Charter Schools: Climate of Corruption?

dirt-59785_640In 2012, Florida received an ‘F’ on Ethics Enforcement agencies from the Center for Public Integrity.  On the overall corruption index, Florida received a C-.

Governor Scott issued an executive order to strengthen the process.  The Florida Senate changed the conflict of interest rules for legislators in 2013-14. Bad things keep happening.  Is there a legislative cabal, or are some simply insensitive to the public interest?  There are stories to tell. One of the worst stories involves a $400,000 ‘loan’ from  Doral Academy to Doral College, a non accredited college started on the grounds of Doral Academy charter high school.  The idea is to enroll high school students in dual enrollment courses at the college, taught by the charter high school teachers.  Evidently, only students from these Academica run charters can enroll.  Academica is under federal investigation.  The students earn credit that cannot be transferred to any accredited school.  The college earns money.  Who is involved?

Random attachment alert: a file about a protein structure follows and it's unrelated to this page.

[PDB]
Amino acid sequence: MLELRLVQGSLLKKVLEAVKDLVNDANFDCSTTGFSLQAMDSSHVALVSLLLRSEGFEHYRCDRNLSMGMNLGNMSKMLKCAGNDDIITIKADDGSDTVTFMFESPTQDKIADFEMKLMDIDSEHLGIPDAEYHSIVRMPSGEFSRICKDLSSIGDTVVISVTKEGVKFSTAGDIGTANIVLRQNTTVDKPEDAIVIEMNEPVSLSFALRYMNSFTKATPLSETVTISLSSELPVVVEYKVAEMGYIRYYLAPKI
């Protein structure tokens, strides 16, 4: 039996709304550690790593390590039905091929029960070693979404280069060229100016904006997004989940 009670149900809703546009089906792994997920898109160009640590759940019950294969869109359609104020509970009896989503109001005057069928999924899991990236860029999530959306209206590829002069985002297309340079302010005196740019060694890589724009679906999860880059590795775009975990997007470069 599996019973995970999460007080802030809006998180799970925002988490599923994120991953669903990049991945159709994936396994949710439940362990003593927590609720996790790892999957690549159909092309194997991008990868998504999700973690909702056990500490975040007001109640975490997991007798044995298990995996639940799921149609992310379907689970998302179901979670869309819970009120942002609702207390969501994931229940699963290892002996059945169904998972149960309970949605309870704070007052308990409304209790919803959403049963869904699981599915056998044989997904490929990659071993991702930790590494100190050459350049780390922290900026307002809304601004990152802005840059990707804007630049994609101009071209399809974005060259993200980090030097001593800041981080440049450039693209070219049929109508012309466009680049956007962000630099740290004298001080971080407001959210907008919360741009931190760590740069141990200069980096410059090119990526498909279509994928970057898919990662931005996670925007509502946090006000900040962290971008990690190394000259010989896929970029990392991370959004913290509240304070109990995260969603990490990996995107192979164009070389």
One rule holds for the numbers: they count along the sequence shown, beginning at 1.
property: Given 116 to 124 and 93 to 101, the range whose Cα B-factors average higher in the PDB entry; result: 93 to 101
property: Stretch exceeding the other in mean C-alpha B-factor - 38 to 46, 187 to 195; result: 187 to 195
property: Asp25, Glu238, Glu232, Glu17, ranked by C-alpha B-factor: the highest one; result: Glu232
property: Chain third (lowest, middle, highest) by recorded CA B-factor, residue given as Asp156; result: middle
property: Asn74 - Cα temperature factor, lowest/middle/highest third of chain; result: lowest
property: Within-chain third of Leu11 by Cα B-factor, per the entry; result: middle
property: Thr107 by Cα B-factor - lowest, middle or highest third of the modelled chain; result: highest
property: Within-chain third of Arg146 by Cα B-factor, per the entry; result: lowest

• Manny Diaz, Chair Florida House Sub Committee on Choice and Innovation.  Representative Diaz is the dean of Doral College in Miami.  Bob Sykes alleges there are other conflicts of interest.
  • Senator Anitere Flores, Chair Senate Fiscal Policy Committee, member Senate Appropriations Committee, CEO of Academica affiliated Doral College
  • Representative Erik Fresen.  Chair of the House Education sub committee on Appropriations. Employee of Civica, a real estate company associated with Academica.